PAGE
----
A Mobile Dining Innovation

skillet street food           VS.           taco truck

OK, there aren’t too many food concepts that I would call innovative, but here is one:

It’s a business that is starting up here in Seattle called Skillet Street Food.

It’s concept is that it retrofits Airstreams into working, mobile kitchens that serve “evolved cuisine” during breakfast and lunch at locations that change day-to-day. But not day-to-day in the you never know where it will be next sense. They have a calendar and tend to show up at the same spots once per week.

Now I know you may be thinking to yourself, a mobile kitchen, what’s new about that?

You may also be thinking to yourself, that sounds strikingly familiar. You might be thinking that sounds just like a taco truck, or roach coach as some would say, well except for the “evolved cuisine” bit.

So what’s innovative about that?

Well, it’s this:

  1. A taco truck has no story. Skillet Street is building its own myth, somewhat consciously, somewhat unconsciously (kind of like the Bacon Salt guys).
  2. Like the Bacon Salt guys, they seem to love bacon, having created an eBay store to sell their Bacon Jam along with t-shirts and the like.
  3. Whether they realize it or not, the genius in their implementation is that it crams most of the typical once a week customer revenue possible in a catchment area into a single day (times five locations), probably doubling the revenue they would earn from anchoring in a single location. At the same time they reduce burnout at each location – inspiring people instead to schedule the weekly visit in their calendar.

To see if there is there anything in this concept that you could adapt to your business, ask yourself questions like the following:

  1. Do you have a compelling and interesting story that would make people like your company?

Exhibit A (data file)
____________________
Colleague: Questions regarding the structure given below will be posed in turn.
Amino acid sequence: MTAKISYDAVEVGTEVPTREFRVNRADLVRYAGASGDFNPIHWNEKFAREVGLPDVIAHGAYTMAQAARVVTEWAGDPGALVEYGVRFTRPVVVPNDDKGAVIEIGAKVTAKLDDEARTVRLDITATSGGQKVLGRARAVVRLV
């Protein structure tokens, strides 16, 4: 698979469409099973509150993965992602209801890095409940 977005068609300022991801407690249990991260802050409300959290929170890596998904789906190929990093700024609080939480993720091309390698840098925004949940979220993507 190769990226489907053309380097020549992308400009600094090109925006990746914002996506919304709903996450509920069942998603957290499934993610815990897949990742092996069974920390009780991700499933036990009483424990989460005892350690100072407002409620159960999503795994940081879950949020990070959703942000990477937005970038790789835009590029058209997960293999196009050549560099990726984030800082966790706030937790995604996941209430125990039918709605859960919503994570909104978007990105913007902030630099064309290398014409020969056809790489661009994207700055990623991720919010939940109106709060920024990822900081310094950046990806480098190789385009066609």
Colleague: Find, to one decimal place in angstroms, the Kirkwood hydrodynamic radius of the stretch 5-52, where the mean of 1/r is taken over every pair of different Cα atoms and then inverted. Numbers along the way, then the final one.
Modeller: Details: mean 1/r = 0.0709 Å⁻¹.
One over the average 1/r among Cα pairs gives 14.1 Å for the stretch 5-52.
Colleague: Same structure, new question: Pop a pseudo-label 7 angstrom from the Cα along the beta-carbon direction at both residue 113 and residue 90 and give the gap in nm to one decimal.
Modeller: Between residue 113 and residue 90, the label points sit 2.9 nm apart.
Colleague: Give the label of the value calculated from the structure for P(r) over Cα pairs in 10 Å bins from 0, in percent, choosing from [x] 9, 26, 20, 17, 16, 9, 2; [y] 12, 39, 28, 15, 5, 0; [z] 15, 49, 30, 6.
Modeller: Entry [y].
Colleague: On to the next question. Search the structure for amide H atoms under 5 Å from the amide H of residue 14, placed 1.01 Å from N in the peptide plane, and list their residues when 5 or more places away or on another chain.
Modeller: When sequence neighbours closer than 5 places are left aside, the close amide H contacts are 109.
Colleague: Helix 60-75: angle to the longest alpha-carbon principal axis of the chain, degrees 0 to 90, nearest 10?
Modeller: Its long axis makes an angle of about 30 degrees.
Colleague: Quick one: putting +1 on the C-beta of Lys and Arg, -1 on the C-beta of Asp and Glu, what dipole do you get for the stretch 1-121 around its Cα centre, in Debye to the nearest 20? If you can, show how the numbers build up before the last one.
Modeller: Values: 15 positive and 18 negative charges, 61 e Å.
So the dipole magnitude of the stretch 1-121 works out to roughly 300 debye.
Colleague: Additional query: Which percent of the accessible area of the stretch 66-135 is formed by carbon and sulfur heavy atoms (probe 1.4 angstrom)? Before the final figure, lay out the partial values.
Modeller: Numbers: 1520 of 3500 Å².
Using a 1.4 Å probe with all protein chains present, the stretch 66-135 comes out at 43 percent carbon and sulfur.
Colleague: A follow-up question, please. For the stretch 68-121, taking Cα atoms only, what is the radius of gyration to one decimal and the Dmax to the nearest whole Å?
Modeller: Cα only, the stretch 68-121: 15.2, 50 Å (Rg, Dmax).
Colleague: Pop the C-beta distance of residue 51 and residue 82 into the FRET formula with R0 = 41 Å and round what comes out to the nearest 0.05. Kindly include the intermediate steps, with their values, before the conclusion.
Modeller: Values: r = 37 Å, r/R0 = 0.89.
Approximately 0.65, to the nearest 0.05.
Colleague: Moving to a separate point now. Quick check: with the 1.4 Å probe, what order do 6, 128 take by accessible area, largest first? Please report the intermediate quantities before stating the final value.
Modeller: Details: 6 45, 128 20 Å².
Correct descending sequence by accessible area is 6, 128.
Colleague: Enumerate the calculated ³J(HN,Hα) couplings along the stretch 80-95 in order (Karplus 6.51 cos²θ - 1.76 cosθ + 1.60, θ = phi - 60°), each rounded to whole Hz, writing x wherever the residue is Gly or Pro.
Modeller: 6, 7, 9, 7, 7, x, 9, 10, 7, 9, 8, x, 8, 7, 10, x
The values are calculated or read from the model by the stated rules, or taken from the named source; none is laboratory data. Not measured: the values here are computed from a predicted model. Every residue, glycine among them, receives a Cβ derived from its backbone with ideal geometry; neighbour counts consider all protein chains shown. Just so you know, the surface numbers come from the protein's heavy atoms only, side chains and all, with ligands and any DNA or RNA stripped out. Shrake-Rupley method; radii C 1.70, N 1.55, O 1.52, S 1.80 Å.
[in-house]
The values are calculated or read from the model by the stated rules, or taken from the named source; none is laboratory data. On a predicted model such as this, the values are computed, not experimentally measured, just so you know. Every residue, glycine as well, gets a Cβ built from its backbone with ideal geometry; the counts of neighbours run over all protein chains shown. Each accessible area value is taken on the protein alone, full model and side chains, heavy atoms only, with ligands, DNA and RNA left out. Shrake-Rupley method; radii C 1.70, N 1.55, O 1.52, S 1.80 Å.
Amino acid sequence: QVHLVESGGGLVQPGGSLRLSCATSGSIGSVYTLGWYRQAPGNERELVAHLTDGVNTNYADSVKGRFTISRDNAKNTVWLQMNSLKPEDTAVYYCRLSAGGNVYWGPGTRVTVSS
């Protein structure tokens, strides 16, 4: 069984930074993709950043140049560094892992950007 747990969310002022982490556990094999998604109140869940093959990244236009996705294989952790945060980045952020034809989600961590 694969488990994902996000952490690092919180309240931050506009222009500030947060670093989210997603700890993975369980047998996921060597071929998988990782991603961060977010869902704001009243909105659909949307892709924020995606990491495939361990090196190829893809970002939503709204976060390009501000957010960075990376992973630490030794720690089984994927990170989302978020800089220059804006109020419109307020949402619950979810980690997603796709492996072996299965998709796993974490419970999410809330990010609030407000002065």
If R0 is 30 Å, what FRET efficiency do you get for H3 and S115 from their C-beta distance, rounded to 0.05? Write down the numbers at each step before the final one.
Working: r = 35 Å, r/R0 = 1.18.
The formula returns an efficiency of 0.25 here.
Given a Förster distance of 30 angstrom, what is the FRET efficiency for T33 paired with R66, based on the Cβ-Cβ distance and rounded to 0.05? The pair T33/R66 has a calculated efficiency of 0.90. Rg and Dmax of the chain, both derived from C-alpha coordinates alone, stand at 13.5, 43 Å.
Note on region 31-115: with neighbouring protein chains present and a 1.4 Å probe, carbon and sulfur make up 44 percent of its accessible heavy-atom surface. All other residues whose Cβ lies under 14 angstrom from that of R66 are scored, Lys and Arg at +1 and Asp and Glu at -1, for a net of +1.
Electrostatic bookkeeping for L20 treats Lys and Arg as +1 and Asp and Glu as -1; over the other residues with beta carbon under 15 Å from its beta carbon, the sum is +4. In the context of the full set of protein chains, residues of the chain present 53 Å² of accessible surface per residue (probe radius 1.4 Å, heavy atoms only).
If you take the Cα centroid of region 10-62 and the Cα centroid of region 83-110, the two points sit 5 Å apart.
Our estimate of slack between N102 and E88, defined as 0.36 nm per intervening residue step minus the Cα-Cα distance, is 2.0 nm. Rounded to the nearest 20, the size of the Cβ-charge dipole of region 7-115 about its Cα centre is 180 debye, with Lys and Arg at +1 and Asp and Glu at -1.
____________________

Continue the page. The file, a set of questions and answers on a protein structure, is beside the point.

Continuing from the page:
2. Are your products too available?
  3. Do you give your customers something to look forward to?
  4. What is your customer surprise and delight strategy?
  5. What unorthodox ways can you think of for getting your products/services to customers?
  6. Are there different customer “neighborhoods” you could make your products/services available to in order to increase its exposure (coffee by boat anyone)?

Check out the video below:

Innovative or not?

What do you think?

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Braden Kelley

Braden Kelley is a Design Thinking, Innovation and Transformation Consultant, a popular innovation speaker and workshop leader, and helps companies use Human-Centered Change™ to beat the 70% change failure rate. He is the author of Charting Change from Palgrave Macmillan and Stoking Your Innovation Bonfire from John Wiley & Sons. Braden has been advising companies since 1996, while living and working in England, Germany, and the United States. Braden earned his MBA from top-rated London Business School. Follow him on Twitter and Linkedin.




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